Opah (also known as Moonfish)
Opah, also known as moonfish, is a tropical species that is caught in Hawaiian waters. It is very high in mercury levels, and adults are not recommended to eat more than one serving of opah per month. Additionally, opah may be contaminated with a tropical marine toxin that causes ciguatera, a serious foodborne illness that improves with time but has no cure. Ciguatera is found in tropical reef fish, and cannot be cooked out of food. Be sure to ask at restaurants whether your tropical fish has been tested for the presence of this toxin. If you choose to eat tropical reef fish, consuming small portions and selecting smaller-sized fish may help you avoid the more serious side effects of this toxin.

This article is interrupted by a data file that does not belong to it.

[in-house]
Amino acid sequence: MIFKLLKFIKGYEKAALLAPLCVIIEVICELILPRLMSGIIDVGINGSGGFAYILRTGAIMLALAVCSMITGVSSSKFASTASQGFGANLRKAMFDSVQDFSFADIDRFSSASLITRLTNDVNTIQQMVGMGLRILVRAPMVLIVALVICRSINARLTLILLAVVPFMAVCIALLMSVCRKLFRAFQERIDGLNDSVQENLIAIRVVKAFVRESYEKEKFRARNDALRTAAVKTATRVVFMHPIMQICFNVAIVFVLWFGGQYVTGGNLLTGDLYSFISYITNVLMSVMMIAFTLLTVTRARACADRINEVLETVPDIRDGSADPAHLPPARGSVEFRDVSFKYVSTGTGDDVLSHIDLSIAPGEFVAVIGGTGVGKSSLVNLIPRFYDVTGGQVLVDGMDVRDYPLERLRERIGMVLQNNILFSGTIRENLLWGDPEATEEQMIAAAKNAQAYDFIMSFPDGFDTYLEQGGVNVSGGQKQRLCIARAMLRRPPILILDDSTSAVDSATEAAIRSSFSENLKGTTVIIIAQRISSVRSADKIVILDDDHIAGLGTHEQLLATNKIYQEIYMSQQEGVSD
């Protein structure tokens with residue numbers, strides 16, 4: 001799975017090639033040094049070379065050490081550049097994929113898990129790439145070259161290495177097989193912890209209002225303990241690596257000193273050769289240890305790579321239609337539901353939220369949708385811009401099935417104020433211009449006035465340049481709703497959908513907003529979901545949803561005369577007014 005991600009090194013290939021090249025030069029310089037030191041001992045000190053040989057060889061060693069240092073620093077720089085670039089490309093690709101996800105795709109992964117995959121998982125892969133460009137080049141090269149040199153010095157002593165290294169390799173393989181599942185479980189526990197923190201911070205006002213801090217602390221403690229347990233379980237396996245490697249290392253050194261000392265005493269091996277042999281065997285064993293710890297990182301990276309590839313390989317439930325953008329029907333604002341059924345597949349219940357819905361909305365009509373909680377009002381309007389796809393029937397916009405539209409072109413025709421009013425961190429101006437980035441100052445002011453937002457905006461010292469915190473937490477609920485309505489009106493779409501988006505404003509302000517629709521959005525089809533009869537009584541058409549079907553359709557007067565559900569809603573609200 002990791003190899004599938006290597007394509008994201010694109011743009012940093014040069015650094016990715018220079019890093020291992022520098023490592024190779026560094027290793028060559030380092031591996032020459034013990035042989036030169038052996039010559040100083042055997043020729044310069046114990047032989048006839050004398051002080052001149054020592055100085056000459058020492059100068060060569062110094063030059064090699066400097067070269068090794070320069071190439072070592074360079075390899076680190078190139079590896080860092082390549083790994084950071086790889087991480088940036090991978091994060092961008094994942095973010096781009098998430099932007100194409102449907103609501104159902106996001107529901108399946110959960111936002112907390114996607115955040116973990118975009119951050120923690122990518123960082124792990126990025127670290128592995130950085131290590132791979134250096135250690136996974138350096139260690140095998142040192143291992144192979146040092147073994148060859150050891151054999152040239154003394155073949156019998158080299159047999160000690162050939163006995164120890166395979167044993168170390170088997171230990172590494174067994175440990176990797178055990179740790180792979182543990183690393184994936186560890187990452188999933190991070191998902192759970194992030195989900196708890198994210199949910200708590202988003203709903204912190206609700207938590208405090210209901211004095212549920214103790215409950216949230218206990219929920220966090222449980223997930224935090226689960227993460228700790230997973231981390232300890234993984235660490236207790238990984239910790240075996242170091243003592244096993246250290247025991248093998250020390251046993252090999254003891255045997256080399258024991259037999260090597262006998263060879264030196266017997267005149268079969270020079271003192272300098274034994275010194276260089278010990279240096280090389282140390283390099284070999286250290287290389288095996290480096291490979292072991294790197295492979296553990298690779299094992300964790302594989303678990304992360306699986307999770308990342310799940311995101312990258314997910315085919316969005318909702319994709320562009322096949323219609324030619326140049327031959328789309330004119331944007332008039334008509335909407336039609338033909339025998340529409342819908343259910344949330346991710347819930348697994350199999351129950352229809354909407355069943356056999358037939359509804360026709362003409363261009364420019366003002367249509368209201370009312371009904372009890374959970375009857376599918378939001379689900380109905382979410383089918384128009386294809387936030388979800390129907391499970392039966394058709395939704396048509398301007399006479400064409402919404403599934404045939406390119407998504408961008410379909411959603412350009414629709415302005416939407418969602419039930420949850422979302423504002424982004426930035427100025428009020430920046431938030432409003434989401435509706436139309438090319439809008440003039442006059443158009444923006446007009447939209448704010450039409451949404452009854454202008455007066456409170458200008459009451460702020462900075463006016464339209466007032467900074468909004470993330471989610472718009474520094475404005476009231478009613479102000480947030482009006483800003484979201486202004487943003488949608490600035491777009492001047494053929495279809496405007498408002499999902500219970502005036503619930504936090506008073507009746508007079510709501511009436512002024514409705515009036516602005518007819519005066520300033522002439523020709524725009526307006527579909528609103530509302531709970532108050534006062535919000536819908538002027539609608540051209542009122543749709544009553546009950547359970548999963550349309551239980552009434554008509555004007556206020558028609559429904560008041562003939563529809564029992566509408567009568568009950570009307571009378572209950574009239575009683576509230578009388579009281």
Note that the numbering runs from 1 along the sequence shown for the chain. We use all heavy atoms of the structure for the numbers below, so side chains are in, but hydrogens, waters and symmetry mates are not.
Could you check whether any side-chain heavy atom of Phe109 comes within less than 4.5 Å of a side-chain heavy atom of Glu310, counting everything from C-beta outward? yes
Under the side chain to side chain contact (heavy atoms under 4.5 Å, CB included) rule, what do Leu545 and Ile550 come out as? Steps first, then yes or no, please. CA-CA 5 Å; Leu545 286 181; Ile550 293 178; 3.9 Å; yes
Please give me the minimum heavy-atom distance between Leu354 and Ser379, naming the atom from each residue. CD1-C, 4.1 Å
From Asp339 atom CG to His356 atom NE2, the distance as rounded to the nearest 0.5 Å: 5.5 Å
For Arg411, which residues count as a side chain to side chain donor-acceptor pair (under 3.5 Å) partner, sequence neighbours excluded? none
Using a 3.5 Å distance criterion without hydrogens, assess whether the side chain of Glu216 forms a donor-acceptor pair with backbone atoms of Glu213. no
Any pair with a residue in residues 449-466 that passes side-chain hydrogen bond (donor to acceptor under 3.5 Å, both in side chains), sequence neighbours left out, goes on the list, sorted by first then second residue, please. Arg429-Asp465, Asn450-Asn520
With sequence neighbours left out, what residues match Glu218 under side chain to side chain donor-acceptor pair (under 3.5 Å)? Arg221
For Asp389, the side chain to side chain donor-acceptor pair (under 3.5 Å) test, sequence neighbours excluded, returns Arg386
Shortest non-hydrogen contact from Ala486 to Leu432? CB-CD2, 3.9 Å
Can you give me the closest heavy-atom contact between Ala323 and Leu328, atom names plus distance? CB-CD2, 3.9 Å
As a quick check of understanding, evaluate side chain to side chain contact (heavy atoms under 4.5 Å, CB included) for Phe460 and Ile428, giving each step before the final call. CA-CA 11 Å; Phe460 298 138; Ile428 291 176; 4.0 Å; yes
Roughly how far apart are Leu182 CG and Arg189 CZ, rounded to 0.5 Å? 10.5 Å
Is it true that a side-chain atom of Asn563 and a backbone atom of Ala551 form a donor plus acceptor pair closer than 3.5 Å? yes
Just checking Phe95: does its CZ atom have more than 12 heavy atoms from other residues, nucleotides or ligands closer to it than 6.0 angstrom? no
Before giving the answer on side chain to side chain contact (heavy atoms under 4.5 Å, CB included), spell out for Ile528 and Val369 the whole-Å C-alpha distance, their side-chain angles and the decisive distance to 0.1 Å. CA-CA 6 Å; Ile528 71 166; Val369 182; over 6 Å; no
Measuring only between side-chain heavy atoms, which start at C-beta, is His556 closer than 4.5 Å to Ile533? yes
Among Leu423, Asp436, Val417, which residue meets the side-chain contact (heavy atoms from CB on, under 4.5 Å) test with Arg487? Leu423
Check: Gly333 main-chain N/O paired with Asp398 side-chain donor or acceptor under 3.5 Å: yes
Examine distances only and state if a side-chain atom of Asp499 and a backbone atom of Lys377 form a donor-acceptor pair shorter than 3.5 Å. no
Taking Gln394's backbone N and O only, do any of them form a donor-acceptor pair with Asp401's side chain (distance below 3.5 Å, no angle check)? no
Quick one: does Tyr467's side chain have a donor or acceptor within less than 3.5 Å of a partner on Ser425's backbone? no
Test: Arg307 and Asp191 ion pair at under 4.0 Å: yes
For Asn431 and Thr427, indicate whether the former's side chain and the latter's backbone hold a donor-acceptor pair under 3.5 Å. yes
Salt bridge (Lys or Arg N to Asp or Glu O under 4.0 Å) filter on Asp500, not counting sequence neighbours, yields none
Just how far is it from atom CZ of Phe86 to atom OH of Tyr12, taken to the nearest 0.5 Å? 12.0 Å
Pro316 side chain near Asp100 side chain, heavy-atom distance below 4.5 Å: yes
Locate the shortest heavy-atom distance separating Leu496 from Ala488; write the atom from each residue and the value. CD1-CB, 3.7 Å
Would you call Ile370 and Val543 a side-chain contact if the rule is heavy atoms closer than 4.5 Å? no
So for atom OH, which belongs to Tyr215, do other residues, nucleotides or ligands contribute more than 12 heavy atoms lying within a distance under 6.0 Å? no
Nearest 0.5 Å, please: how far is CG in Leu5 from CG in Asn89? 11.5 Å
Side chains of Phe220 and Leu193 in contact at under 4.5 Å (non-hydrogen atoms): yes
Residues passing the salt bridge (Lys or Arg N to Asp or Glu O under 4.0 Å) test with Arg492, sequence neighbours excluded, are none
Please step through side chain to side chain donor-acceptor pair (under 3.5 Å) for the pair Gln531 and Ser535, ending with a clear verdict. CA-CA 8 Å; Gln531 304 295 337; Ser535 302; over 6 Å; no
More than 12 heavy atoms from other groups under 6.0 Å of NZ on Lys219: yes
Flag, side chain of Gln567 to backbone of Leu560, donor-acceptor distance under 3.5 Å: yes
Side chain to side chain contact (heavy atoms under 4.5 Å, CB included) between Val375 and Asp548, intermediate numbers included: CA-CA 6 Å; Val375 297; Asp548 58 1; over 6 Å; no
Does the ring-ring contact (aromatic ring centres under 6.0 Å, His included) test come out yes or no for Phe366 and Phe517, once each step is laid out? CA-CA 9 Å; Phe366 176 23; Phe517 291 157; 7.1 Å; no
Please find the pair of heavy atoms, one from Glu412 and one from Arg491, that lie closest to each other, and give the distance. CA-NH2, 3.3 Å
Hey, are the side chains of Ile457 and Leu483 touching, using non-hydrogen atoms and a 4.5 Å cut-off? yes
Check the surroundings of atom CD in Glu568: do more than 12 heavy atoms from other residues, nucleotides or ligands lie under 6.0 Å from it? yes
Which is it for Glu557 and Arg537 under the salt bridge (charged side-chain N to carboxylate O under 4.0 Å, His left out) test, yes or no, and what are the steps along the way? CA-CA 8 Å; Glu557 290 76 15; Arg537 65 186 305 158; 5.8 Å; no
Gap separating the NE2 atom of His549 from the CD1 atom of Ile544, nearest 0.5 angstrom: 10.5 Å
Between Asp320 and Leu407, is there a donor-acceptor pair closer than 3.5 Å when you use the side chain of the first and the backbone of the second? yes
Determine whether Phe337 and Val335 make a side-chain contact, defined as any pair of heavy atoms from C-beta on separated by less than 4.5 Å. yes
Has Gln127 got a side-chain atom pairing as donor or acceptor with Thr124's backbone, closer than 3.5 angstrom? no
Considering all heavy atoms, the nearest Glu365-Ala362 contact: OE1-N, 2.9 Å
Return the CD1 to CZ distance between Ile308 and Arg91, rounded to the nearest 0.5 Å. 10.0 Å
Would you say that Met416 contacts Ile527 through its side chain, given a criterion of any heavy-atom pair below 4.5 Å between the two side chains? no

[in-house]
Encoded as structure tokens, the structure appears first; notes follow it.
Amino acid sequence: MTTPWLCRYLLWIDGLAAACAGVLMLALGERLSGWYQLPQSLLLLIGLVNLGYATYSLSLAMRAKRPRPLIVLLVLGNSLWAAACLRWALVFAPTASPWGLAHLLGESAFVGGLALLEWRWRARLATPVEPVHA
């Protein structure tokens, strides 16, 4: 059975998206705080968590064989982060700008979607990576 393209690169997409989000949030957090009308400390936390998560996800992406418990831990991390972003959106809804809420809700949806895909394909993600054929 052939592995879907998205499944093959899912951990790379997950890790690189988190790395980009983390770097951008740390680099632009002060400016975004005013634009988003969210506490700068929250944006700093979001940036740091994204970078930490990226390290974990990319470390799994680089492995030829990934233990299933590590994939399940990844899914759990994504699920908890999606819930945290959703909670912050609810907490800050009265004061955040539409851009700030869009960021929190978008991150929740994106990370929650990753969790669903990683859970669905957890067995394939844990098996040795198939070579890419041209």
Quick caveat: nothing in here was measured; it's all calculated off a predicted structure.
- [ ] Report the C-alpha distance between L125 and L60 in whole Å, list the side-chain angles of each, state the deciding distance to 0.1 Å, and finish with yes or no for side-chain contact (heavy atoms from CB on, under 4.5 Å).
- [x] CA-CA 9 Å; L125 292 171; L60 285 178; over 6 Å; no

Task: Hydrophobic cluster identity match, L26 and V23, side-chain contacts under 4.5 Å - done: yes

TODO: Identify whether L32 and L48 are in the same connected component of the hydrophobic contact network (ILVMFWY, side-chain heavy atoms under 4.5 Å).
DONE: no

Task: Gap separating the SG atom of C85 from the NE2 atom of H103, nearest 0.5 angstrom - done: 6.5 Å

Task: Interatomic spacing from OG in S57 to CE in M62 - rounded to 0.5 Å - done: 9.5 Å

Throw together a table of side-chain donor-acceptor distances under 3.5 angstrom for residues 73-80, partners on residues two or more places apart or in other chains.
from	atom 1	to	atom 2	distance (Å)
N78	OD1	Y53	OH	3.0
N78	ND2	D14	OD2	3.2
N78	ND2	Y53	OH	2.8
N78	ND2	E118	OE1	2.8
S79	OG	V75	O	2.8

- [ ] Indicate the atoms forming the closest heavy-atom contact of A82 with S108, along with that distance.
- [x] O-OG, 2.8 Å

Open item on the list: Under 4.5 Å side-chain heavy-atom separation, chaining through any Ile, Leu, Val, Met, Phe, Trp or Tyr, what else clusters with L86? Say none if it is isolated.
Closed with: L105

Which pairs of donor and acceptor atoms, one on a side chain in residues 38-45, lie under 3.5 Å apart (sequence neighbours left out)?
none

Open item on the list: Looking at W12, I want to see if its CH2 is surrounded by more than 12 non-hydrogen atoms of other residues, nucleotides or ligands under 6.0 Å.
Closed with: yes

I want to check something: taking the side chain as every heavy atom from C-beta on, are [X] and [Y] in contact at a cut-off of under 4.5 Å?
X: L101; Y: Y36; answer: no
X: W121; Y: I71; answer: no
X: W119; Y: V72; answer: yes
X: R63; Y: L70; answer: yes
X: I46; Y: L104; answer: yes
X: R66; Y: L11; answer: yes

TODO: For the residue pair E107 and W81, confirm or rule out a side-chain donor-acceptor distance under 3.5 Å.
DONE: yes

Little is known about this wandering fish, and no assessment of the size of its population has been conducted. It has been caught increasingly in the past decade, perhaps due to increased fishing pressure on tunas in the region since they are often found together. Opah is not usually targeted by any major commercial fishery, but rather is caught incidentally in the longline fishery for tunas and swordfish. Its biology and life history are also not well understood.
Recommended alternatives to opah (also known as moonfish):
• Atlantic mackerel
• Barramundi, U.S. farmed
• Black cod, Pacific U.S. (also known as sablefish)
• Cod, Pacific (not trawl-caught)
• Salmon, U.S. wild-caught Alaska
• Snapper, Mangrove or Gray
• Tuna, Atlantic skipjack
• Tuna, Pacific Albacore